He warned that exports fell 8.5% in Q3 2023 compared to Q3 in 2022. “This shows that the markets for our exports are starting to close,” he said. All this will be evident in the fourth quarter, Lalovac added.

The former SDP finance minister recalled that a recent survey by the EU statistical office, Eurostat, has shown that Croatia fared worst in terms of households’ financial deficit.

Household spending on necessities is about €51 billion, while incomes from salaries, pensions and such reaches €41 billion. Thus, households are short of €10 billion in their budgets, he said.

Growth projections for 2024: Croatia’s economy set to rise at about three percent

The government expects the country’s GDP to rise by 2.8% in 2024 mainyl due to a robust domestic demand.

The Plenković cabinet also expects positive trends on the labour market, with the survey unemployment rate  shrinking from 6.1% in 2023 to 5.7%.

Gross monthly wages are to rise 9% in the nominal terms, which is a deceleration compared to 2023 when they grew 14.6%

The country’s inflation rate is set to wane from 8% in 2023 to 3.1% in 2024.

Concerning the fiscal framework, after the general government deficti of 0.3% of GDP in 2023, this deficit is likely to widen to 1.9% of GDP in 2024. This is still within the criteria imposed by the Stability and Growth Pact.

The general government debt to GDP ratio  is going to be reduced from 60.7% this year to 58% next year, according to the government’s projections

HNB: Croatia’s GDP could rise by 2.6% in real terms in 2023, and by 3% in 2024

Croatia’s GDP could rise by 2.6% in real terms in 2023, and by 3% in 2024, while inflation, after the 2023 rate of 8.4%, could slow down to 4% in 2024, Croatian National Bank (HNB) officials said at the bank’s annual press briefing recently.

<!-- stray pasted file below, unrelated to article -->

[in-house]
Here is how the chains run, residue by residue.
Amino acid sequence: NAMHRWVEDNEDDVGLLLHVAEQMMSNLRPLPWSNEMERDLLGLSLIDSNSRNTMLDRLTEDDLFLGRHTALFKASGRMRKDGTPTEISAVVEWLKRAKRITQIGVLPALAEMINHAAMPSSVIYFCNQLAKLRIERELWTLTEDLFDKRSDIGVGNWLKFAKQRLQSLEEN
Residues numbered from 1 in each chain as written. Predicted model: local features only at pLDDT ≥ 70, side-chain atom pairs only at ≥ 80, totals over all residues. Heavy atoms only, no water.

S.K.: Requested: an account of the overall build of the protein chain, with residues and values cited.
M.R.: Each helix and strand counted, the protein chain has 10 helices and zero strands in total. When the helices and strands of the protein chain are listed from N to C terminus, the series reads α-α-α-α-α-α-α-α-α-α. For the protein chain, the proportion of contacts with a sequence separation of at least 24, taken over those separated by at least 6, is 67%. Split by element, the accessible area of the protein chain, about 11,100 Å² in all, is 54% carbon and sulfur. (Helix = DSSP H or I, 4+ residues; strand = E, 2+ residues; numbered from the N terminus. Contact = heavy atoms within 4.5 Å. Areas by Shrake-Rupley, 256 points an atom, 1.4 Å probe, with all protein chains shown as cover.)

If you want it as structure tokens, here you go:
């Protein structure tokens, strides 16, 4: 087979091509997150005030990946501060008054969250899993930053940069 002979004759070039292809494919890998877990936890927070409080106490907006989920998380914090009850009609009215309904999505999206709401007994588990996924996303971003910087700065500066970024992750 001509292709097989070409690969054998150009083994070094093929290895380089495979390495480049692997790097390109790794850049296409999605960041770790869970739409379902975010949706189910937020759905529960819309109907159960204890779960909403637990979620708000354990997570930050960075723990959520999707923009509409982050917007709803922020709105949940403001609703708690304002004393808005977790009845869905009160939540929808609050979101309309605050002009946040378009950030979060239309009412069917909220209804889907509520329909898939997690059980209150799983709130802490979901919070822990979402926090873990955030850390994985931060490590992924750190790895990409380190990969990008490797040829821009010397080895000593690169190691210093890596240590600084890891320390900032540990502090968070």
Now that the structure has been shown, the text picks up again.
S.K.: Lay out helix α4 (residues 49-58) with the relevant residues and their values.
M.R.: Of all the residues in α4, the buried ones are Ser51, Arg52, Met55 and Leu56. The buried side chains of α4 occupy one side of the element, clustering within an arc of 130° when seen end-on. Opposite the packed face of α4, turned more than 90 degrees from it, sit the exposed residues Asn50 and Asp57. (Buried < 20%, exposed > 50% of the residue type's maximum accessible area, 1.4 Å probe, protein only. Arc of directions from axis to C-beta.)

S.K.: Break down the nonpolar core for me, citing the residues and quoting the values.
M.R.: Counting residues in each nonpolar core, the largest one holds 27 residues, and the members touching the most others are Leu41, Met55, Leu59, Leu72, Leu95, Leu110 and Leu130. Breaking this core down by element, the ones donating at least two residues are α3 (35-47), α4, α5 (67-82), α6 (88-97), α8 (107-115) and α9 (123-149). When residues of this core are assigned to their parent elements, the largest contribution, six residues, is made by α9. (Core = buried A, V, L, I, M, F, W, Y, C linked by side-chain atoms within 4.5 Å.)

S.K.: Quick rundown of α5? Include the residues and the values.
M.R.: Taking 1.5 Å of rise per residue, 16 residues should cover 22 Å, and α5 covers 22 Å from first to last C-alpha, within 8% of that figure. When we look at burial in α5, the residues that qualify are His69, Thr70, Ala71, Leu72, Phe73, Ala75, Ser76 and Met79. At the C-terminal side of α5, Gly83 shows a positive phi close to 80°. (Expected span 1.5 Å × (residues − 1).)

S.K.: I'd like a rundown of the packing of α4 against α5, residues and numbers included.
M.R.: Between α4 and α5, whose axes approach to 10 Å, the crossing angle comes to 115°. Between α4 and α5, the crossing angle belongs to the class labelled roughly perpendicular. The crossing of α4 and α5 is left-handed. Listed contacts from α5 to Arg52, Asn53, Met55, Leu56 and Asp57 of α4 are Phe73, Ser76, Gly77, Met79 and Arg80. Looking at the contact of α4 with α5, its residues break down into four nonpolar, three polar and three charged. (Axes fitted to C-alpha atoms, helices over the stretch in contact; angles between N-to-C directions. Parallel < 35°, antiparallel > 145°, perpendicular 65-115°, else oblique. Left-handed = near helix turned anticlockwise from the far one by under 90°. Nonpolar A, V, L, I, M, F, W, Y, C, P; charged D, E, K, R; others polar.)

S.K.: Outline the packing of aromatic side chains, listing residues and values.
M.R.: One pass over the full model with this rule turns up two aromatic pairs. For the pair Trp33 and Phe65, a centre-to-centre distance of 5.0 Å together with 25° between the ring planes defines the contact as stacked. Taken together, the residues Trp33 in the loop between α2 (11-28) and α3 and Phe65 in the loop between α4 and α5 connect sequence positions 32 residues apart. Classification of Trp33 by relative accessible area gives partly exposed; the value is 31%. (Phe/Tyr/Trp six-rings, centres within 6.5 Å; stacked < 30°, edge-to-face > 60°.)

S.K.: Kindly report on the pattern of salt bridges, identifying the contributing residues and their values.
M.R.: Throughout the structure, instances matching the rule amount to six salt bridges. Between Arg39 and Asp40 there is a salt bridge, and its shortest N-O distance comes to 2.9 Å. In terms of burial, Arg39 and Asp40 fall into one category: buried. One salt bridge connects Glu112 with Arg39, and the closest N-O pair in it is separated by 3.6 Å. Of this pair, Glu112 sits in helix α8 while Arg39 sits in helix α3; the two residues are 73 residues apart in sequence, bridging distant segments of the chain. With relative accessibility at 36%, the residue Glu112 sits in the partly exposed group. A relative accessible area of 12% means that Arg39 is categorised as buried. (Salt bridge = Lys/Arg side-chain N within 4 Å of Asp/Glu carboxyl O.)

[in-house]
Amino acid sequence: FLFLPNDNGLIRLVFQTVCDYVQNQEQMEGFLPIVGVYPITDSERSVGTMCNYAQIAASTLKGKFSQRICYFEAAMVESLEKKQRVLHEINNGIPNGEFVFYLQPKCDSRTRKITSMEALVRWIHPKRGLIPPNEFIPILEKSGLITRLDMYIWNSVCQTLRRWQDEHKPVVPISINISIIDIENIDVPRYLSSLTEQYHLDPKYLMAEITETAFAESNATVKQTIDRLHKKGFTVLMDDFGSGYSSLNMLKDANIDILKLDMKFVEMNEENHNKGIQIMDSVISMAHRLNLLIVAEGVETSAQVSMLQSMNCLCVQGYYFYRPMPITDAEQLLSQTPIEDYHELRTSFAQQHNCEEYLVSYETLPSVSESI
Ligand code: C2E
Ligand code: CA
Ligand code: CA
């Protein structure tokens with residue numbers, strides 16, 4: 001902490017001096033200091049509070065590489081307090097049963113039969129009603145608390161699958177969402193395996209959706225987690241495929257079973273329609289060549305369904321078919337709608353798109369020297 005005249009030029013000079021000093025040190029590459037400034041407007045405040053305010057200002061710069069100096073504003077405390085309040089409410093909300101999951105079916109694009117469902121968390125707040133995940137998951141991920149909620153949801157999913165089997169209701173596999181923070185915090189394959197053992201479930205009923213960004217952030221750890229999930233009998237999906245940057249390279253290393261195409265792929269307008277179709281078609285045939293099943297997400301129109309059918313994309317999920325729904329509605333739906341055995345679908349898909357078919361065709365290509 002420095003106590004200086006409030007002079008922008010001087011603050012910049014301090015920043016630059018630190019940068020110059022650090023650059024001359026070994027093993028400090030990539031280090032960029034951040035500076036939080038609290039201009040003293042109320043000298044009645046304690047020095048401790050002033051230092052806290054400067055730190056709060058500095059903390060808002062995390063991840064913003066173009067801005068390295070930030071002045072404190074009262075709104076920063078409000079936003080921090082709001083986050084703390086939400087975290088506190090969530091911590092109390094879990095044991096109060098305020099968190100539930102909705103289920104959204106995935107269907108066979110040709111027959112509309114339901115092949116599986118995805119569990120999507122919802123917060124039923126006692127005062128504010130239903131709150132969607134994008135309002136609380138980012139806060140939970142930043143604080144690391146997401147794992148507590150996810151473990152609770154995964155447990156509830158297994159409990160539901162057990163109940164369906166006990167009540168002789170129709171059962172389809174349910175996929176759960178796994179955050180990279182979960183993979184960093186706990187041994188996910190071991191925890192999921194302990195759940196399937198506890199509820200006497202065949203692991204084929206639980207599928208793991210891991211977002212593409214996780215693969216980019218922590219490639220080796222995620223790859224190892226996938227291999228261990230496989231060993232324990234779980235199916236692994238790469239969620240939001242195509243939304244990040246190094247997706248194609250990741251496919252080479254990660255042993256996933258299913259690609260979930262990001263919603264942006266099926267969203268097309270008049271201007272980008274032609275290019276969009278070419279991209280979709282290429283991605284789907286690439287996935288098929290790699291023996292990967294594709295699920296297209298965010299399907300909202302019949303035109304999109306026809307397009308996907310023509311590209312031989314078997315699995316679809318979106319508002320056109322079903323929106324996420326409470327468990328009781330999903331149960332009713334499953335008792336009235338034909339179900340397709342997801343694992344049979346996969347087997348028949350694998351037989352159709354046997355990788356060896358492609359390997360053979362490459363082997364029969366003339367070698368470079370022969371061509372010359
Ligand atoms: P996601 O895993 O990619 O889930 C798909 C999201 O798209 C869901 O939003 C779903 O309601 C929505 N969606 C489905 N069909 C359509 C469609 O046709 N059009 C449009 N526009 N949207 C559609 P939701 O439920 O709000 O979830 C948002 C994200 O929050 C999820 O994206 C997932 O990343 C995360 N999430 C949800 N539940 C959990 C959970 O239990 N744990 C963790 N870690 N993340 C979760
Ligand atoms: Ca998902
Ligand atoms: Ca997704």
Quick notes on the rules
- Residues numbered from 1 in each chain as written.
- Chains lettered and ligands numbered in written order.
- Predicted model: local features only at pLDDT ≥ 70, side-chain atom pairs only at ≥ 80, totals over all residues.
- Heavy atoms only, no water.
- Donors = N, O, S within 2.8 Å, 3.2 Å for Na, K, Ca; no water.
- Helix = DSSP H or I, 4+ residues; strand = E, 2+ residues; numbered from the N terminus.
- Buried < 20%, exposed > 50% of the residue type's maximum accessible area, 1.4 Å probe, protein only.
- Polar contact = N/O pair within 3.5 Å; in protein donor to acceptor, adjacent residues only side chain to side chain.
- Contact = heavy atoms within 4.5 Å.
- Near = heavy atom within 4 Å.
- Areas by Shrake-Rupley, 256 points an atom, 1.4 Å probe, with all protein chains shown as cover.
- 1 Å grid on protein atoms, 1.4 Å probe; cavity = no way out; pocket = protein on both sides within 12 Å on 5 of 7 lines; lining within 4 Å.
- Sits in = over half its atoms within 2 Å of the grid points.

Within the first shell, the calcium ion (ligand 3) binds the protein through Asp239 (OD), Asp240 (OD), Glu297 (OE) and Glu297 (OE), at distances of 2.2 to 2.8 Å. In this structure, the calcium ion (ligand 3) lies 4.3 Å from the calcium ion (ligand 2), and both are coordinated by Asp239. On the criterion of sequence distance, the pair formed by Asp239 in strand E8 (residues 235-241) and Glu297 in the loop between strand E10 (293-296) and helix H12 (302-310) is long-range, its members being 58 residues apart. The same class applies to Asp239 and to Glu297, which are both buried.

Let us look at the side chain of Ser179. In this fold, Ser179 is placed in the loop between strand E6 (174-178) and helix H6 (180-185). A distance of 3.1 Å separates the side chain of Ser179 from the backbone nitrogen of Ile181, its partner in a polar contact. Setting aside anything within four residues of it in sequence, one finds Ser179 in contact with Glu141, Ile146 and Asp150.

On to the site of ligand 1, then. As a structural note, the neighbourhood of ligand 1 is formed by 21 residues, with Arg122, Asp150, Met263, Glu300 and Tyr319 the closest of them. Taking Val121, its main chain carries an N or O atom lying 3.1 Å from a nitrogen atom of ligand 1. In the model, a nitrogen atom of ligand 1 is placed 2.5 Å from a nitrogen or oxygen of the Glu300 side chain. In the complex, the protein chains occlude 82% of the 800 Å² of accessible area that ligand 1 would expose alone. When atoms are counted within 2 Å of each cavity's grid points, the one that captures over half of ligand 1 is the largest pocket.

The central bank thus revised down this year’s GDP forecast, and revised up next year’s growth forecast, lowering the inflation rate forecast for both years.

The HNB last published estimates of GDP trends in mid-September, when it forecast a 2.9% GDP growth in 2023 and a 2.6% growth in 2024.

According to the previous forecast, the growth of inflation measured by the Harmonised Index of Consumer Prices, was estimated at 8.8% in 2023 and at 4.7% in 2024.

A summary of the HNB’s macroeconomic projections shows that while recovery in the euro area has been delayed until the start of 2024, somewhat stronger growth is expected for Croatia. GDP in the euro area is expected to grow by 0.6% in 2023 and by 0.8% in 2024.

The expected growth in Croatia reflects stronger household consumption, which after going up by 2.9% in 2023 should accelerate to 3.9% in 2024, according to the central bank’s forecasts.

Inflation in Croatia in 2023 is lower than expected despite higher energy prices while in 2024 price inflation is expected to drop for all components.

In the euro area inflation in 2023 should be 5.4% and in 2024 2.7%, with the HNB noting that higher inflation differential in the euro area is increasingly due to energy price inflation. However, the cumulative growth of inflation is higher in central and eastern European countries, the HNB says.